As I wrote recently, the Oregon Manifest contest was this week, showcasing the competition for the ultimate modern utility bicycle. As I wrote, the setting for their field test made me more than a little suspicious, and it turns out, for good reason. There were some amazing entries, some interesting ideas, and some legitimate innovations presented in the competition, but the three bicycles that took the top three spots, while made by talented frame-builders and very nice bicycles in their own right, in my opinion added nothing with regard to utility to the millions of already existing bicycles all over the world.
A few things that I feel were anti-utility about all three of the top picks: They all have aggressive geometry, for an urban utility bike. They are all “upright” in the sense that they don’t have drop bars, but they all have saddles even with or higher than the bars. They all use disc brakes which, while strong, are easily bent out of shape, and lose strength and squeal like mad if they are out of true. They are not as weather resistant as hub brakes, and they are more awkward to fit into a design, as you have to have braze-ons on the frame for them to attach to, whereas most hub brakes can simply use a generic clamp to clamp the brake arm to a standard frame. They all have completely exposed chains, not even a chain guard. They all technically meet the requirements for the competition, but just by a hair’s breadth.
The second place bicycle by Rob Tsunehiro was probably my favorite of the three top spots.
Image via BikePortland
This probably has the most carrying capacity of any of the three top spots. A small frame-mounted front rack, rear rack with reasonably sized panniers, a small pouch just under the top tube, and a reflective paint that, as you can see, lights up pretty nicely at night. It also has generator-powered lights. This is the only one of the three top bicycles that there might be any chance of putting a child on, or securing any kind of unwieldy load to.
The third place bicycle was this one by Chris King.
Image via BikePortland
Battery-powered lights, no racks, tiny panniers attached to a loop over the rear fender, and not much else to say about the utility of this bike. They awkwardly strapped a first-class post box and a tube to this bike by lashing them onto the outside of the panniers, a task which many people perform more easily with a cheap rear rack and plastic bucket panniers.
The winner of the competition, from Tony Pereira, is a nice-looking bike, has electric-assist, a sturdy front rack with a carbon-fiber box on it, designed to hold a stereo.
Image via BikePortland
I’m not sure if that box is removable, but that front rack would be more useful to me in most cases as just a flat surface, especially if the box has a stereo in it. This was the only one of the top three entries that used derailleurs rather than an internally geared hub, which has advantages and disadvantages. You can customize the gearing more that way, but you make the bicycle significantly less weather-proof, and less able to be weather-proofed.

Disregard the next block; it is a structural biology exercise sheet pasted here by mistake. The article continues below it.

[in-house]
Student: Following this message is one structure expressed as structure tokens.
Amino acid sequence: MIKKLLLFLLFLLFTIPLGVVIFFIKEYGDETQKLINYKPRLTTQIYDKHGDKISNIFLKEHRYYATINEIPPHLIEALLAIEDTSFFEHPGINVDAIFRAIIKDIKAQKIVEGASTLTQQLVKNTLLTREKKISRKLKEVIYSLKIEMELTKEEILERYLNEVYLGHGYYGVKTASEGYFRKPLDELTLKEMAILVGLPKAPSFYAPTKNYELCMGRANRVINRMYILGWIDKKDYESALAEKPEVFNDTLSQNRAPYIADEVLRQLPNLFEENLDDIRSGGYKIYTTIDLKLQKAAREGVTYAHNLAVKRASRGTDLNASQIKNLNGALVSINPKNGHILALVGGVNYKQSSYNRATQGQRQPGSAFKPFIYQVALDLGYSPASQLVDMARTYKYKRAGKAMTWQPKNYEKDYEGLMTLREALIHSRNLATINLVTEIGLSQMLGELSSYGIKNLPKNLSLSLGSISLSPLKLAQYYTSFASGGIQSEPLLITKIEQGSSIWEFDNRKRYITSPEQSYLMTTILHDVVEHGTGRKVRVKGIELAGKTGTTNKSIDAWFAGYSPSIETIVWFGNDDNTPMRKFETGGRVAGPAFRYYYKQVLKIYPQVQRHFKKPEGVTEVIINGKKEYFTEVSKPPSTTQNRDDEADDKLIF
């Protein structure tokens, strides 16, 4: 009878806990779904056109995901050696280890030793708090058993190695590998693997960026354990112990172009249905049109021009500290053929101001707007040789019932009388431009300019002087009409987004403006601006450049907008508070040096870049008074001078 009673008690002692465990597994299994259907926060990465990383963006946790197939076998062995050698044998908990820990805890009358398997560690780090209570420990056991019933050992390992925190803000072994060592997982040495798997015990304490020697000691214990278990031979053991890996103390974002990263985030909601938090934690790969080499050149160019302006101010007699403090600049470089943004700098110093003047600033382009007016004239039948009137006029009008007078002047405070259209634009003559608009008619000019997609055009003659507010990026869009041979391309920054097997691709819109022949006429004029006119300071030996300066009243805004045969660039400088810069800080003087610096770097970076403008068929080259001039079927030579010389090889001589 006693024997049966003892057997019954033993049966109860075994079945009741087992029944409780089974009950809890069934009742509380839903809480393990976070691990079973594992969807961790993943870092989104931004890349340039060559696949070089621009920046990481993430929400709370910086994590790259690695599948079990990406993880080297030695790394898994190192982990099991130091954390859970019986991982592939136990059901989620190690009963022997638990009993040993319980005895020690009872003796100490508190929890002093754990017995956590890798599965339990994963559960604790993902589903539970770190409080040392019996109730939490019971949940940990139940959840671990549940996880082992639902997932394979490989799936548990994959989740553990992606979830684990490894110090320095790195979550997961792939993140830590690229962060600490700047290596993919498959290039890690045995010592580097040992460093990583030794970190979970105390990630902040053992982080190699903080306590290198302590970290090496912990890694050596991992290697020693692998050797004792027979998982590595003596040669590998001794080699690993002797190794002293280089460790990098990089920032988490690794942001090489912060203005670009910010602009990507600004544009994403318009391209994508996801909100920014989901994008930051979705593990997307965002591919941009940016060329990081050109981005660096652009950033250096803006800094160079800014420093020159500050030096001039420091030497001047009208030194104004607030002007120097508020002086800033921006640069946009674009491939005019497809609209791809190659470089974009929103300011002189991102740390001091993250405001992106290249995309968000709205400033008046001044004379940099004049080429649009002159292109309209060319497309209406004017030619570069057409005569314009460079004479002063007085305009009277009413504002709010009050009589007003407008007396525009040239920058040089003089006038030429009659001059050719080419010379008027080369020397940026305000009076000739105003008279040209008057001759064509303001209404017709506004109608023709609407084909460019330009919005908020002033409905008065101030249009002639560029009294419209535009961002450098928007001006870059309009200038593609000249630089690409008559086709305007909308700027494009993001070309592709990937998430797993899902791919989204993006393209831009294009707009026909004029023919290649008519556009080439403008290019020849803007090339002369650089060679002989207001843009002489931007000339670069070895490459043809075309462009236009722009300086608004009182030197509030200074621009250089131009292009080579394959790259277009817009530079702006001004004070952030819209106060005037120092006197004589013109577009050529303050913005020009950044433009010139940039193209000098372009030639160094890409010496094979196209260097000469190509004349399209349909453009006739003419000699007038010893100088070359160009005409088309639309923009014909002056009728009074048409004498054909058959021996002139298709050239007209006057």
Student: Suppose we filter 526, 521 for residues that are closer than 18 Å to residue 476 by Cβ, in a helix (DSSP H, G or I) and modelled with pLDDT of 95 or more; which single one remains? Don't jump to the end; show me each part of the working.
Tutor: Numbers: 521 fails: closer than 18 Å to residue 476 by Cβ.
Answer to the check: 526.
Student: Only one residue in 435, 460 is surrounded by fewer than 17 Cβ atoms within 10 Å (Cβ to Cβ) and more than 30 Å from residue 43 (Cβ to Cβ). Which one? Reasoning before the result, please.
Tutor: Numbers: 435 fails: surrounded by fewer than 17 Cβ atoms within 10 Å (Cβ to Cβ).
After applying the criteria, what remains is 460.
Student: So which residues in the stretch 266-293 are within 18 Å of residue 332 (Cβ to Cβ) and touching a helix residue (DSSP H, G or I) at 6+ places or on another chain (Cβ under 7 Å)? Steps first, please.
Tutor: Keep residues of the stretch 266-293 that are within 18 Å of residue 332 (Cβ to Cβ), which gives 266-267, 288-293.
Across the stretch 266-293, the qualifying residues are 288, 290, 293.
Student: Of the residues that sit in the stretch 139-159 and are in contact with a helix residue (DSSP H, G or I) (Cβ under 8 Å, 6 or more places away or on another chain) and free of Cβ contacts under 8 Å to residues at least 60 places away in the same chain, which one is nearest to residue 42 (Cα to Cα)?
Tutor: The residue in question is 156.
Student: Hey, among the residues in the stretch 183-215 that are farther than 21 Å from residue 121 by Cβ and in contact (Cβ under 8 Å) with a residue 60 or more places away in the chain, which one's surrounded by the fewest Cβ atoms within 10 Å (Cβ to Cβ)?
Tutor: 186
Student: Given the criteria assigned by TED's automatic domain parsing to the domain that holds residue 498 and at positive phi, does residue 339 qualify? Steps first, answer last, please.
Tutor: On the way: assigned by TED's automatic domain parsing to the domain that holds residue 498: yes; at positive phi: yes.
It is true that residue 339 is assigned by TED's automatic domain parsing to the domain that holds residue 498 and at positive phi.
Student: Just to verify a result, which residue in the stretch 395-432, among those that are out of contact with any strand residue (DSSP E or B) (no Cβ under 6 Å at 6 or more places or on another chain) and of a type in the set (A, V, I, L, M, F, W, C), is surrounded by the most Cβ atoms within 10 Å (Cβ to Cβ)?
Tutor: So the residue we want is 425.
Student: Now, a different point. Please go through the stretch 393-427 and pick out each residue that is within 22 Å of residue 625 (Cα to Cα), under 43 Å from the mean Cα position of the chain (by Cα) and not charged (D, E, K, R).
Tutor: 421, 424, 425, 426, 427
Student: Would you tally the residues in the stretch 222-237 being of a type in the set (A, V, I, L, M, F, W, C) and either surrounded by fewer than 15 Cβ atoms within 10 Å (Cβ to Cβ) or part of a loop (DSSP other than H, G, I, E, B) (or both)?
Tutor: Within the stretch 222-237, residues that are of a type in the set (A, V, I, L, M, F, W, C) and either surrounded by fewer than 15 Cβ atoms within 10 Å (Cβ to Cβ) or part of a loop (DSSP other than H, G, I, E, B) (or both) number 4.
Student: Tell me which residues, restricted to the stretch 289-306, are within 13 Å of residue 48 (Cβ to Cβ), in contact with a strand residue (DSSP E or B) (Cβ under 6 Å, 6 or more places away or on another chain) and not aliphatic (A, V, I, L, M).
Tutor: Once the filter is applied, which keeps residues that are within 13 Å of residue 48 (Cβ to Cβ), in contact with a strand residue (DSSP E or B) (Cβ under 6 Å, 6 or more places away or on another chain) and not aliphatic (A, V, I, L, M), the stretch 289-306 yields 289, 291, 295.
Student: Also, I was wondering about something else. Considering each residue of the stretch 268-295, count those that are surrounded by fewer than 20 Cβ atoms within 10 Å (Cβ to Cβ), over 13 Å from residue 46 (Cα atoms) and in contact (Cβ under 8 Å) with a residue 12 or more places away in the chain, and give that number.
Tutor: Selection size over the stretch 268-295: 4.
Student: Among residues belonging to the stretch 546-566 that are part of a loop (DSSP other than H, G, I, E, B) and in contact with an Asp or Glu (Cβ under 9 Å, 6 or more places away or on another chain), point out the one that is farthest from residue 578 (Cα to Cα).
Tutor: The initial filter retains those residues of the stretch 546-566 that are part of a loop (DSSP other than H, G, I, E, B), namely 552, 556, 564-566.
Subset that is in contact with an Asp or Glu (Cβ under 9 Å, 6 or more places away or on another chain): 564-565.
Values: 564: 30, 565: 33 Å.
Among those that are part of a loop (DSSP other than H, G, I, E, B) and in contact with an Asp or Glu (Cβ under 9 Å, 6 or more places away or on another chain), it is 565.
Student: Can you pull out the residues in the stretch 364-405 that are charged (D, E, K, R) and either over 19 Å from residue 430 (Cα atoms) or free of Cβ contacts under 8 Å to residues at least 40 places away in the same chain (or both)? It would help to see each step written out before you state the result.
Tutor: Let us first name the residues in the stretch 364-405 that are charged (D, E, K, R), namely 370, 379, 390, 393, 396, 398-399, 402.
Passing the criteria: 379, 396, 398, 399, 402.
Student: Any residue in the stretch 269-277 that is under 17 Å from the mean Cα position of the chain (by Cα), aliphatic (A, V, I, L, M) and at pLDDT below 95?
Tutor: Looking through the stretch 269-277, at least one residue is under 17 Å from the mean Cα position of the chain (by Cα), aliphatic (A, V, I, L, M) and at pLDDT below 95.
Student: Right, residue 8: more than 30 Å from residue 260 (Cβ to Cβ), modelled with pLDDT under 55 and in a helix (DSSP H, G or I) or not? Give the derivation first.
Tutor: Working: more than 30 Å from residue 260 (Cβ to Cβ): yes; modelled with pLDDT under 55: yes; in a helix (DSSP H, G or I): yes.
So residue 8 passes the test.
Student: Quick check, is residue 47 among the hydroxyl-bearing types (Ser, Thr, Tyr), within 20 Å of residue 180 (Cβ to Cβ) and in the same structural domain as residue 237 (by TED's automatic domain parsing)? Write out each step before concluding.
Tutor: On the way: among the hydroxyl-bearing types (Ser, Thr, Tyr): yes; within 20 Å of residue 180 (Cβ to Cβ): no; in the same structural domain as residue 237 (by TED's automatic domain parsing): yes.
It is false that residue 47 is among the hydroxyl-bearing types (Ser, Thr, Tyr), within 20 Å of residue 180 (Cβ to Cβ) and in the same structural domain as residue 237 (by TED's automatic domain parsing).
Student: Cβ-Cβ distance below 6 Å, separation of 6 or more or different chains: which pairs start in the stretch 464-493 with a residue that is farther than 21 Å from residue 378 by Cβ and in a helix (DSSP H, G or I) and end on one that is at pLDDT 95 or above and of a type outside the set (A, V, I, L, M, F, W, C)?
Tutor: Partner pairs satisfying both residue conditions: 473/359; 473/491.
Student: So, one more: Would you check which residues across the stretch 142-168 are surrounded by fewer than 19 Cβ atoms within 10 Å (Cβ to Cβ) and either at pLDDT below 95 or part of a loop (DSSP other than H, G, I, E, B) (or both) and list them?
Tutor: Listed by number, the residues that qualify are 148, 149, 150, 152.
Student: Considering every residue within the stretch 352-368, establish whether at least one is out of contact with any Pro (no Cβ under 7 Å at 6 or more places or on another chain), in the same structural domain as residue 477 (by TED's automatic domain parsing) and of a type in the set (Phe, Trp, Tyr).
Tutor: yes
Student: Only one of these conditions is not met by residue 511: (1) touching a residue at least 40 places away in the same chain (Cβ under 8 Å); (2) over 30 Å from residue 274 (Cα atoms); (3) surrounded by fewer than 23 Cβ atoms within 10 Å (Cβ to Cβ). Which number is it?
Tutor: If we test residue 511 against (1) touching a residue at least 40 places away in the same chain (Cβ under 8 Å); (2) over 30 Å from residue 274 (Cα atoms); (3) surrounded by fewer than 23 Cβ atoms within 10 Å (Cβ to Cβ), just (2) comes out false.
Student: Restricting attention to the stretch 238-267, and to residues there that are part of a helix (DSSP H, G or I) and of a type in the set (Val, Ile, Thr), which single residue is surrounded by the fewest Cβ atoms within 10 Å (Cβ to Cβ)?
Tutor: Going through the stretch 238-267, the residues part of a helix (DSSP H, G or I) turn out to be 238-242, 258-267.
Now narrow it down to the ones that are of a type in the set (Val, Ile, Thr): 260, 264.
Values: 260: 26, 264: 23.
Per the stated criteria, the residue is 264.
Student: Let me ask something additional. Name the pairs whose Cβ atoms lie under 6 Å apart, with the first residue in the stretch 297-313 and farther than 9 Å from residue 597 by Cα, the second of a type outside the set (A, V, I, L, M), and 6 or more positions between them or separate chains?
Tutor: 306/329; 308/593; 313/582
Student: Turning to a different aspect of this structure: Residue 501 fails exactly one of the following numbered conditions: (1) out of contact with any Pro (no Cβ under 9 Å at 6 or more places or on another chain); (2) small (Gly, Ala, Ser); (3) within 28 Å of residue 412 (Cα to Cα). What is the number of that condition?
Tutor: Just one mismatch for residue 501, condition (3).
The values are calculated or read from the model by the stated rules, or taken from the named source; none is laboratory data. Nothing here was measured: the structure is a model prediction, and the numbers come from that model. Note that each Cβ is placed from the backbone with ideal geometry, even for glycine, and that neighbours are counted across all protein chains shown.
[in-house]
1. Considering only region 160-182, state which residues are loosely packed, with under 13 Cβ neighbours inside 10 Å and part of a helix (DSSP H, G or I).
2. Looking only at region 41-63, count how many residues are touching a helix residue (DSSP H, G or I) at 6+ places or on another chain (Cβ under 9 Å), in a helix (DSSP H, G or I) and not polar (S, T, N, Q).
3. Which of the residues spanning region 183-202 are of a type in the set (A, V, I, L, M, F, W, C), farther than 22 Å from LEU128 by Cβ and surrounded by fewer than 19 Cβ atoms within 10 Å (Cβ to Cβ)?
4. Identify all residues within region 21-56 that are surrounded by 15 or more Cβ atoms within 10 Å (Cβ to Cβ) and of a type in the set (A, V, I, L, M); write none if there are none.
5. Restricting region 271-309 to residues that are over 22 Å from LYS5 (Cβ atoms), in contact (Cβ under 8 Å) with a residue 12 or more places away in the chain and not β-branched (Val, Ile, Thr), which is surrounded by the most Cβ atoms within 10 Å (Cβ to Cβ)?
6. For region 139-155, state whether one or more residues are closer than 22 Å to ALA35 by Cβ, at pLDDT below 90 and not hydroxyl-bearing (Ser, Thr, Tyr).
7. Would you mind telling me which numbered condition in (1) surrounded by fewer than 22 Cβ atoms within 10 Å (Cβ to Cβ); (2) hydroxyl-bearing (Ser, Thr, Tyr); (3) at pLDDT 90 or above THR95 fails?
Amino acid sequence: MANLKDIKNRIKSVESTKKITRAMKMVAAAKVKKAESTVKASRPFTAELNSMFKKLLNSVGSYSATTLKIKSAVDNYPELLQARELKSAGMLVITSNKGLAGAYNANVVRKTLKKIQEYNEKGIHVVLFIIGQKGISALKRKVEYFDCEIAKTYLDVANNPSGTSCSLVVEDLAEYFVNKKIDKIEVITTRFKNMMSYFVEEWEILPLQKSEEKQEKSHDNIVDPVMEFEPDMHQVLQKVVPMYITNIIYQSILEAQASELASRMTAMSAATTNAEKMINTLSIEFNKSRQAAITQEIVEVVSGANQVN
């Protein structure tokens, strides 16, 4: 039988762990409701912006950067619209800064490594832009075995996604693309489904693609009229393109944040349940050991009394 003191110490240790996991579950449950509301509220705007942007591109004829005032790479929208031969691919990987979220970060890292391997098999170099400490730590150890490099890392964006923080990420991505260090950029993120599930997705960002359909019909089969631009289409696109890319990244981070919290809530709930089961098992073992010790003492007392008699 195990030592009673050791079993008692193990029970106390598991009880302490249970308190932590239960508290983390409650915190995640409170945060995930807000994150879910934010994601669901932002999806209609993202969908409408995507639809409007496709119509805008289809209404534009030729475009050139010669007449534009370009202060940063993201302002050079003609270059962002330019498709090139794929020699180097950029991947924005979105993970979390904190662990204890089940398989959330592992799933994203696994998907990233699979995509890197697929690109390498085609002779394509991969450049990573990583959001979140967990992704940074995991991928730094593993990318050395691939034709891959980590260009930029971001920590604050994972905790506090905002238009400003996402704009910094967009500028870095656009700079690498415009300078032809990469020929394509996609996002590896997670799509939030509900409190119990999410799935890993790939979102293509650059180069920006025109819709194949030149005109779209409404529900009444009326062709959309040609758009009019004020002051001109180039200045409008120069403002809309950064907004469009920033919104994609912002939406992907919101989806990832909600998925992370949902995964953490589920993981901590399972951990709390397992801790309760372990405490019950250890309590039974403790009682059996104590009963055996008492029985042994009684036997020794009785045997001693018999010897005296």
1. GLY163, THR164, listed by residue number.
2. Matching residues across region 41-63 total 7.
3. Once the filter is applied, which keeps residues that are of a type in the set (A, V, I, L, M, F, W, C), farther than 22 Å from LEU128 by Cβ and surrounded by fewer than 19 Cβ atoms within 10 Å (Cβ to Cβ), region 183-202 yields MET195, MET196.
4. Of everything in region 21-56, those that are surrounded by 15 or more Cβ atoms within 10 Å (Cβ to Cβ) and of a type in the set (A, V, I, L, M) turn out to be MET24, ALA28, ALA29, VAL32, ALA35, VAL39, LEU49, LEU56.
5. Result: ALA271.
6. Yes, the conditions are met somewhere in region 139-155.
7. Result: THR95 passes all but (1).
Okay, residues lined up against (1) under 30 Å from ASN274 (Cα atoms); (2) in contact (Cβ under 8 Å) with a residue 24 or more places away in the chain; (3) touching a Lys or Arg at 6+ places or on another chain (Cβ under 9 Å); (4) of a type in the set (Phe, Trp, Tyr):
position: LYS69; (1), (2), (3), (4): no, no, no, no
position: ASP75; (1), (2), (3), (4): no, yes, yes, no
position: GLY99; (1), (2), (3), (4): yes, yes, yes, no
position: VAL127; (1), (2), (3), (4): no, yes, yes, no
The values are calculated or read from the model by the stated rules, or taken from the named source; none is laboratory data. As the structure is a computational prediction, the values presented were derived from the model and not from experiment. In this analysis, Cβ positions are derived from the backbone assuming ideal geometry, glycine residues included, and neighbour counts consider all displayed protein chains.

So all-in-all, I think the winners of this competition were all nicely-made, well-designed bicycles, I just think the judges must have been judging for a different competition, without all of us realizing it.
It leaves me a bit sad that many of the really useful and innovative ideas that were presented at this competition went home with little to no recognition, while these three bicycles that really add nothing particularly interesting to the realm of utility cycling were held up as the example. I would be happy to see any one of these three bicycles win at a competition for perhaps best aesthetic design, or best bike gadget design, but not best utility bicycle.
It makes me realize that even in terms of perception, we have a very long way to go before a bicycle which really could meet all of a person’s transportation needs is even within the realm of imagination for much of the population. Those types of bicycles were presented at this competition, and honestly, have been around for the better part of a century in various forms, but instead, bicycles which can carry very little other than the person riding the bicycle were judged better utility bicycles.
This makes me thankful for everyone I see who is using a bicycle in their everyday lives as their means of transportation for all kinds of trips, not just to get to work and back, because they are the ones changing the culture, and they are the ones demonstrating the utility of the bicycle.
As reported by Jonathan at BikePortland, who had a chat with the judges about why they chose the Pereira bicycle as the winner, they chose this bicycle 1) because it had electric assist, 2) because it is a replacement for a car. Their rationale for it being a replacement for a car, is because it has electric assist, because it has a lockable “trunk” (the carbon-fiber box on the front), and because it has a stereo. They also, despite being adamant that the field test was not a race, made note of the fact that the electric assist allowed him to beat other contestants who didn’t have electric assist, in a 50 mile ride over a small mountain range with offroad sections – because that’s a common usage of an urban utility bike, right?
They repeated several times that they felt this bicycle was a look into the future of what transportational cycling could be in the future. I would maintain that it is more of a look at the very basic reality of what it already is. There are people all over the world doing far more impressive things with bicycles than carrying their lunch in a lockable carbon fiber box with a stereo in it, and for 95% of the population, there is no way the utility of this bicycle would replace a car, unless we’re just talking about going to work and back, which would be a serious mistake when talking about a bicycle to replace a car.